Storm causes the district's rural students to be driven back to town
WILLMAR -- About 250 Willmar students were brought back to the city early Monday afternoon due to near whiteout conditions in rural areas.
Willmar's schools had closed at noon. Bus routes ran as usual in Willmar, but students who live outside the city were kept in town.
The Kandiyohi County Sheriff's De-partment ad-vised no travel in the country. Later in the afternoon, the Minnesota De-partment of Transportation barricaded many highways in southern and west central parts of the state.
Superintendent Jerry Kjergaard said Monday afternoon that the weather situation worsened quickly.
"There's a little bit more wind and snow than we thought there was going to be," he said. "Twenty years I've been doing this, I've never had one like this."
Kennedy and Roosevelt elementary students were returned to their school buildings. Students in grades 6-12 are at the Middle School.
Principals at those schools said the situation was handled well by students and staff. Most of the rural students were picked up by parents or other authorized adults by 2 p.m.
The Willmar and Palmer bus companies had offered to drive a route through the city delivering students to the snow homes designated by their parents.
A few students from Kennedy Elementary needed rides, said Scott Hisken, principal at Kennedy. The other principals, Patti Dols and Roosevelt and Mark Miley at the Middle School, said none of the students from their school needed rides.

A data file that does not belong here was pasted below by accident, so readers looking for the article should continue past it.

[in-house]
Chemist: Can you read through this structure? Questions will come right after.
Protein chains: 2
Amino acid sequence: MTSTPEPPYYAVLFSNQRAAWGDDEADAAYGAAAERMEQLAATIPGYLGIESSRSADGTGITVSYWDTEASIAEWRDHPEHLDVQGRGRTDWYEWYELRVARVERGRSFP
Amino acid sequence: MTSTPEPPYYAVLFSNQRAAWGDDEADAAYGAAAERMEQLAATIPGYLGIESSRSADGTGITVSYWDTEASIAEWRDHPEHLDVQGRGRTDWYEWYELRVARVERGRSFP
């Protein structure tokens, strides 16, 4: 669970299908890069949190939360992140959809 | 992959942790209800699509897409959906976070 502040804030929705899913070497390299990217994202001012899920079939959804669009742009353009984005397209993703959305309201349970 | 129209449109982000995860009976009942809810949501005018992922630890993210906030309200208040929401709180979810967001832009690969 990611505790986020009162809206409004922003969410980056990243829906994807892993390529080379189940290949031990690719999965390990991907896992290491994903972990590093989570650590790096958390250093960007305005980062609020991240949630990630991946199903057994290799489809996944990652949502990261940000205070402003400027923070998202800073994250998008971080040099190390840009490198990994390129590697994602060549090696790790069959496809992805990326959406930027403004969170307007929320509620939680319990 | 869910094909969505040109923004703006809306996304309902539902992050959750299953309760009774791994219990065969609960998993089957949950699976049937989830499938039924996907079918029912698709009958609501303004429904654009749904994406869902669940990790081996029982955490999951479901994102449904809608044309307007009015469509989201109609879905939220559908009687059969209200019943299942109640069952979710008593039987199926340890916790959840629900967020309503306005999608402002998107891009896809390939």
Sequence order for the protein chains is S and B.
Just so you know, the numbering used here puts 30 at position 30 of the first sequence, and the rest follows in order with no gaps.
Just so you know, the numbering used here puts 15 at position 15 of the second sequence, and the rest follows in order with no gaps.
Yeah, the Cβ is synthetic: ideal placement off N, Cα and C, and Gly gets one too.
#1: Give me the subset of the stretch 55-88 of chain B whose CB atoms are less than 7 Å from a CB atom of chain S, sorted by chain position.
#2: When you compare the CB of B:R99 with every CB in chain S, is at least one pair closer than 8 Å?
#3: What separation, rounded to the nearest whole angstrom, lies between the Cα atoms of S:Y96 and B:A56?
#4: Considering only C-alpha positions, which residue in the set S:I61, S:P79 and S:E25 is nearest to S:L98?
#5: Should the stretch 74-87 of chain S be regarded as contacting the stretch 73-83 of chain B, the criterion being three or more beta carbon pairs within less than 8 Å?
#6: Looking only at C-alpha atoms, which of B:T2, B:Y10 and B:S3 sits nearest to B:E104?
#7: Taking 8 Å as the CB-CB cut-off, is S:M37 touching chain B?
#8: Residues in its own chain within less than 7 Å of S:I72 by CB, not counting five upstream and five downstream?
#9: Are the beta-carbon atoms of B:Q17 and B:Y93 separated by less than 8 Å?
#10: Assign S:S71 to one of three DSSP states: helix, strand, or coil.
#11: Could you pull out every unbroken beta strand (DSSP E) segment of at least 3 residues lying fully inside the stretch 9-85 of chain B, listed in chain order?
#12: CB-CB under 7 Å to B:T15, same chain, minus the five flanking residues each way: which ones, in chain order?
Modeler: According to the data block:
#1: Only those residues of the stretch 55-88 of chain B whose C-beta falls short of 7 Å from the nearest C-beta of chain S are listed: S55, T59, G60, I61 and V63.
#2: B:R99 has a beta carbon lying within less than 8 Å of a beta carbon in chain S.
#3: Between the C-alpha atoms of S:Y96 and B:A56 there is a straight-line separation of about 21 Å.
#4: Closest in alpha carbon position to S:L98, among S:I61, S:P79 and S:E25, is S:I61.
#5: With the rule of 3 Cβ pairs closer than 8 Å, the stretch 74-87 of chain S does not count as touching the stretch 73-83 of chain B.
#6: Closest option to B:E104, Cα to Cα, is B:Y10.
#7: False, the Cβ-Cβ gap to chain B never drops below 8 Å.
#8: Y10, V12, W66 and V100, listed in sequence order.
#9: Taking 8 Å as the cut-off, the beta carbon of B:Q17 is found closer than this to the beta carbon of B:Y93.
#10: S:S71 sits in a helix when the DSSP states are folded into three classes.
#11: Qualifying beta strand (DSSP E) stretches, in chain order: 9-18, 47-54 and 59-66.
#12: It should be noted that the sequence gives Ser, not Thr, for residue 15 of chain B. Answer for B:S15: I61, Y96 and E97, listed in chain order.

In the elementary schools, students went back to their classrooms. Roosevelt had 25 to 30 students return, Dols said. About 50 were brought back to Kennedy, Hisken said.
The gym was opened at the Middle School, Miley said. Between 150 and 200 students were at the school.
Elementary teachers had forms in their rooms listing a snow home for each child, and they called parents right away, Dols said.
"It went really well," she said. The last of the students was picked up by 1:30 p.m. from Roosevelt.
"It's part of Minnesota," Hisken said, and the staff is prepared to handle all types of situations.
"The kids did great," he said. "The staff helped out in providing support. ... We stay until we have everybody accounted for."
Many of the students taken to the Middle School were able to use their cell phones to call or text their parents right away, Miley said.
The staff helped wherever needed, whether in feeding lunch to all the students before school closed or in helping with the students who were returned to school.
The other principals said their staffs also pitched in to feed all the elementary children before school closed.
"We've been through a lot," Miley said. "We don't get too rattled."